Celebrate: What my students taught me

Feedback is an essential element of teaching. Teachers and students give it in every move we make.  It’s implicit in our actions. So I do my best to notice how kids approach a problem; how they sit as they read or write. And then ask questions about it. In the hopes of understanding and offering opportunities for them to understand their practice, their successes, and their struggles. But with a big classroom, those one-on-one moments just can’t happen enough. So when a kiddo offers explicit, unsolicited feedback, in the midst of the work, I am amazed. And I take note.

Last week I asked students to work on math problems on their own.”Just for me to see where you are in this work.” I could tell from their body language, and general unrest this was hard. Feedback received.  But when I looked over their work, I got more.

feedback 1.jpgfeedback 2.jpg

By looking at her answers, which were correct, I would have assumed she “got it.” But with her self-designated “hardness level,” she gave me feedback I would have missed. And it made me wonder, what else am I missing?

I ask explicit questions about our classroom and the work. But am I asking the right questions, and are their being asked at the right times? With her response to the task, it made me realize that this is something that needs to be honored and included. Kids have things to say all the time.  I need a manageable and meaningful way of soliciting it.

Next time and every time I ask students to “show me where they are in the work” I’ll add this prompt: Hardness level? Simple and naturally differentiated.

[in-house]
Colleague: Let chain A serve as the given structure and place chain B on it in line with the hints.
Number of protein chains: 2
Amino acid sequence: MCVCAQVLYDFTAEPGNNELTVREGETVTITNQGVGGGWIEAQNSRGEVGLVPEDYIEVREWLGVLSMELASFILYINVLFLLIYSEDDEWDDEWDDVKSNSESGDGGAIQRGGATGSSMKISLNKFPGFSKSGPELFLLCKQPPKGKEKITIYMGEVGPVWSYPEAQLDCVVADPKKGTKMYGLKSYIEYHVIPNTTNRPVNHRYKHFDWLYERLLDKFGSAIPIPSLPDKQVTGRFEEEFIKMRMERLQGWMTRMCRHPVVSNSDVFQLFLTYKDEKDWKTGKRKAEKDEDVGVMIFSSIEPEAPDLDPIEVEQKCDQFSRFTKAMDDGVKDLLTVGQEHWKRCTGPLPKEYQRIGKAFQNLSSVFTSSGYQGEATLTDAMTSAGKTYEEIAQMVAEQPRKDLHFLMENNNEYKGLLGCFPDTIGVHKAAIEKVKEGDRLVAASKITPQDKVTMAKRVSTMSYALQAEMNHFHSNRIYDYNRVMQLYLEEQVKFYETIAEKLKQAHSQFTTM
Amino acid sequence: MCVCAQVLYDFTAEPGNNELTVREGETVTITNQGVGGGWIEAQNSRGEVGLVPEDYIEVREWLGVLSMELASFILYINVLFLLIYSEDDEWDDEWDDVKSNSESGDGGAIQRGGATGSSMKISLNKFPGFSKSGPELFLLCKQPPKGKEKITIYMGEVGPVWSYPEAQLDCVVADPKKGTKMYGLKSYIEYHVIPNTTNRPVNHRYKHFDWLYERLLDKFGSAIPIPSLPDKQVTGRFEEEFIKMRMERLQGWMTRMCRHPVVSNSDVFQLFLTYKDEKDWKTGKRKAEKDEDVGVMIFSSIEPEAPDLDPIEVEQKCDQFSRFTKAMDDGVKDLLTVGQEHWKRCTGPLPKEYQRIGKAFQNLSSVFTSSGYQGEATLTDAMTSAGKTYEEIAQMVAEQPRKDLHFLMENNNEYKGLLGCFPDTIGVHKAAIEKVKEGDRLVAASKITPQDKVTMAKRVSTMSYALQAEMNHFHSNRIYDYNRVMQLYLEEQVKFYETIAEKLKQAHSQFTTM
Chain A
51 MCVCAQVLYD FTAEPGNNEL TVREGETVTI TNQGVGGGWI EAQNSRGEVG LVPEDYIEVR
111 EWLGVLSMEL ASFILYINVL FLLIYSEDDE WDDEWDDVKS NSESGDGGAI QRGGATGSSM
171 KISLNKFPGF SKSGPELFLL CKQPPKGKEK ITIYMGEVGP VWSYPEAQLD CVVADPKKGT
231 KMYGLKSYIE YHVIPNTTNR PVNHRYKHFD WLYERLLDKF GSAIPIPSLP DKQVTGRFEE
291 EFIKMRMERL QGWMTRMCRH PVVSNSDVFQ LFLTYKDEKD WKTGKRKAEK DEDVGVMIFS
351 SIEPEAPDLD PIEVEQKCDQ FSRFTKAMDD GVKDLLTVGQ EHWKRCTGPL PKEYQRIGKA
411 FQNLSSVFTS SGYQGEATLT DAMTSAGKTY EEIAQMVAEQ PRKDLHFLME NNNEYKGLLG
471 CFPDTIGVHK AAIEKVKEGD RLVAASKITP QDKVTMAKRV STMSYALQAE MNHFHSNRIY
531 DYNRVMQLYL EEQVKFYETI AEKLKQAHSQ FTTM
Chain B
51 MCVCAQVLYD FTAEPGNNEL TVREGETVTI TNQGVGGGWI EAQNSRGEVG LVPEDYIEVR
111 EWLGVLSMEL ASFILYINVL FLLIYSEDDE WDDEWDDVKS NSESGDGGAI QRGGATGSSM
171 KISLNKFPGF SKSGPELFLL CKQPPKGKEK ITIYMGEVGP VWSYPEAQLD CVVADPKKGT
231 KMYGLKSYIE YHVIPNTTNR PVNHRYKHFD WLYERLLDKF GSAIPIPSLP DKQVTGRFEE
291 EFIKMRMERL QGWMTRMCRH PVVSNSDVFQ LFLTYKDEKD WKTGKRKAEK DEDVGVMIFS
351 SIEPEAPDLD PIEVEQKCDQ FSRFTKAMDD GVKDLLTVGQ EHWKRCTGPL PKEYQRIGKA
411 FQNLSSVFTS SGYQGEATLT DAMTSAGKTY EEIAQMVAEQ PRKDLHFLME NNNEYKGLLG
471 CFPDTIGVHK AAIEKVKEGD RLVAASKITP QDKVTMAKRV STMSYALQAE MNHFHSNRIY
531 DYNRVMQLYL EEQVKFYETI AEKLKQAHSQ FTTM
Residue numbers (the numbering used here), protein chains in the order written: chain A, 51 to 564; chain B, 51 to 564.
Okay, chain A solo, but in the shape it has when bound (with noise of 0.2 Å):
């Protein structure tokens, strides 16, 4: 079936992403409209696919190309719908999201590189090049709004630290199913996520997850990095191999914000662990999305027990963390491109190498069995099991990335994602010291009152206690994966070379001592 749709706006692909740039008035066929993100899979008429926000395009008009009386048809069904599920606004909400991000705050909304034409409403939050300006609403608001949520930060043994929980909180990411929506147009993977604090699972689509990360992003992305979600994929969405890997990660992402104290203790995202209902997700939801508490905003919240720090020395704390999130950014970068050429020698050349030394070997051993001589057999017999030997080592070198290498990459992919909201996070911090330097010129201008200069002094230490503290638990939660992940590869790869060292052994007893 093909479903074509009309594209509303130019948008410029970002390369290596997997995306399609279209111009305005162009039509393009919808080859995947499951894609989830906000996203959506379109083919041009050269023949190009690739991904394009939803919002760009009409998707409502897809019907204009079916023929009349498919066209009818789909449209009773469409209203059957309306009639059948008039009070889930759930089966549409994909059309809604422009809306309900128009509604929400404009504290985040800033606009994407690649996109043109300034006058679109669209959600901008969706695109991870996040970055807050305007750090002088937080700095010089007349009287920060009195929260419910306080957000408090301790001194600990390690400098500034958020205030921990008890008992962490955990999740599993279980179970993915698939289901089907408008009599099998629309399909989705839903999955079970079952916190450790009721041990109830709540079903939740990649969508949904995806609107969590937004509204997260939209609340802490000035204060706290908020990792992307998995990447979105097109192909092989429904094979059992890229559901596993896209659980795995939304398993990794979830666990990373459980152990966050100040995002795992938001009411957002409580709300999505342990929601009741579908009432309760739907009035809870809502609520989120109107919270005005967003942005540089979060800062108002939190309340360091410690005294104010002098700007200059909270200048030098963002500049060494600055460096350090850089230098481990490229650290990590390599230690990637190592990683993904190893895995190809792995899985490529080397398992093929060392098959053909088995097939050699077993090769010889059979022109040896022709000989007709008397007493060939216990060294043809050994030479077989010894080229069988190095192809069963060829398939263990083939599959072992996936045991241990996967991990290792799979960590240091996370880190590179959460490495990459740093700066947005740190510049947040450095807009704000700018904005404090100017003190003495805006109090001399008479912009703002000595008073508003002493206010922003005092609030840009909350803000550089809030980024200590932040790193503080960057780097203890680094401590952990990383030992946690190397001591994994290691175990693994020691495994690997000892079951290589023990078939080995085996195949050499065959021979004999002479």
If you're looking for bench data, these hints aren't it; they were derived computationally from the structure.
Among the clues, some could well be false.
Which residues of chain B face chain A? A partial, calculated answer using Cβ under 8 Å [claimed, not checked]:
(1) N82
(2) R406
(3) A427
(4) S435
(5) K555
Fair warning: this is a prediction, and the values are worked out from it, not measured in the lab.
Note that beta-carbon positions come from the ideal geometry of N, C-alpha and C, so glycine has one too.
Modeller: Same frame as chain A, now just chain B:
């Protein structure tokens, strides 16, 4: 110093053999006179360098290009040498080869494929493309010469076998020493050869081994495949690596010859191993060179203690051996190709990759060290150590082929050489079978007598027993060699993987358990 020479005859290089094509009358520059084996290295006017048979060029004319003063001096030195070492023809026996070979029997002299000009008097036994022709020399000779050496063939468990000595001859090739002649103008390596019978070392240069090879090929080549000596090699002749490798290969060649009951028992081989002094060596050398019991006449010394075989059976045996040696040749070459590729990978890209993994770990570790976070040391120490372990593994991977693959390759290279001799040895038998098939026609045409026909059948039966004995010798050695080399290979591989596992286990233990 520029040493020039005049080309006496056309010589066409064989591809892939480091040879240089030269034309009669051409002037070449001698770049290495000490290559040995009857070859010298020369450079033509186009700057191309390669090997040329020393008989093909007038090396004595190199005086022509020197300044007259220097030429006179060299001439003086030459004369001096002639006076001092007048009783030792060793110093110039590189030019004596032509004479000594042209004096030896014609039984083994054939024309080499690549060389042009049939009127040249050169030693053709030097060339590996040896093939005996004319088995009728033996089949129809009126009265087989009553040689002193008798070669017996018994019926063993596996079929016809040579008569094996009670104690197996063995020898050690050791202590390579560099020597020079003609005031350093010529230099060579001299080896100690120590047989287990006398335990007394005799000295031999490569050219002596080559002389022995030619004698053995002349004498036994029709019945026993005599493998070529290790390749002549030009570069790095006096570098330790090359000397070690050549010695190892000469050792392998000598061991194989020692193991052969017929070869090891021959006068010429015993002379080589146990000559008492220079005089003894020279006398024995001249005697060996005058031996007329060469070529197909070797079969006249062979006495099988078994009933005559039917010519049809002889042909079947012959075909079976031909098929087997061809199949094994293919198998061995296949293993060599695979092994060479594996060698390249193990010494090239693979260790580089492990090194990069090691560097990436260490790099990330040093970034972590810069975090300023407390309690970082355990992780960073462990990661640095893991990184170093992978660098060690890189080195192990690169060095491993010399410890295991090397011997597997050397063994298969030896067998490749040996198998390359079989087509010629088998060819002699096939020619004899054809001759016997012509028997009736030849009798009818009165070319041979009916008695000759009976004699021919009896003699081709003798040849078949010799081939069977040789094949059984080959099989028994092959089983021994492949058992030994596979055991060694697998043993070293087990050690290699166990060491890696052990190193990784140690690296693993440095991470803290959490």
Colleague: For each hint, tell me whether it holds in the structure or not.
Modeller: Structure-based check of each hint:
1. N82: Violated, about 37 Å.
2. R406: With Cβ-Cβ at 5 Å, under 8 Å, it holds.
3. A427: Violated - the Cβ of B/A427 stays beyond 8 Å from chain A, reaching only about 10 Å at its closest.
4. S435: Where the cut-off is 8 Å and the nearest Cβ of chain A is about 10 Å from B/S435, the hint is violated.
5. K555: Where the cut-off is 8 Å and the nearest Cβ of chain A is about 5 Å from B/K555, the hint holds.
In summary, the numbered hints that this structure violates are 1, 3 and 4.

Just one example of what my student taught me this week.

 

12 thoughts on “Celebrate: What my students taught me

  1. Sounds like a good idea, Julieanne. I do wonder if no matter whether they “get it” or not, they still might rate it “hard” because it is. Perhaps talking about the feelings about “hard things” will help. It is okay to have something be hard. Do you think that’s what she might mean? Interesting to contemplate.

  2. To repeat what Aileen said above, I had a mentor who said to me when I first started teaching: “Listen to the kids; they’ll tell you what they need to know.” It’s so caring of you to try to get insight into what they are thinking and feeling. I’m sure it will make a world of difference for them to have those conversations with you.

  3. The hard-easy rating is part of conversation about comfort and learning zones. In this case the answer isn’t the most important but the reflection on learning assets and mindset. How great that your students go beyond the answer.

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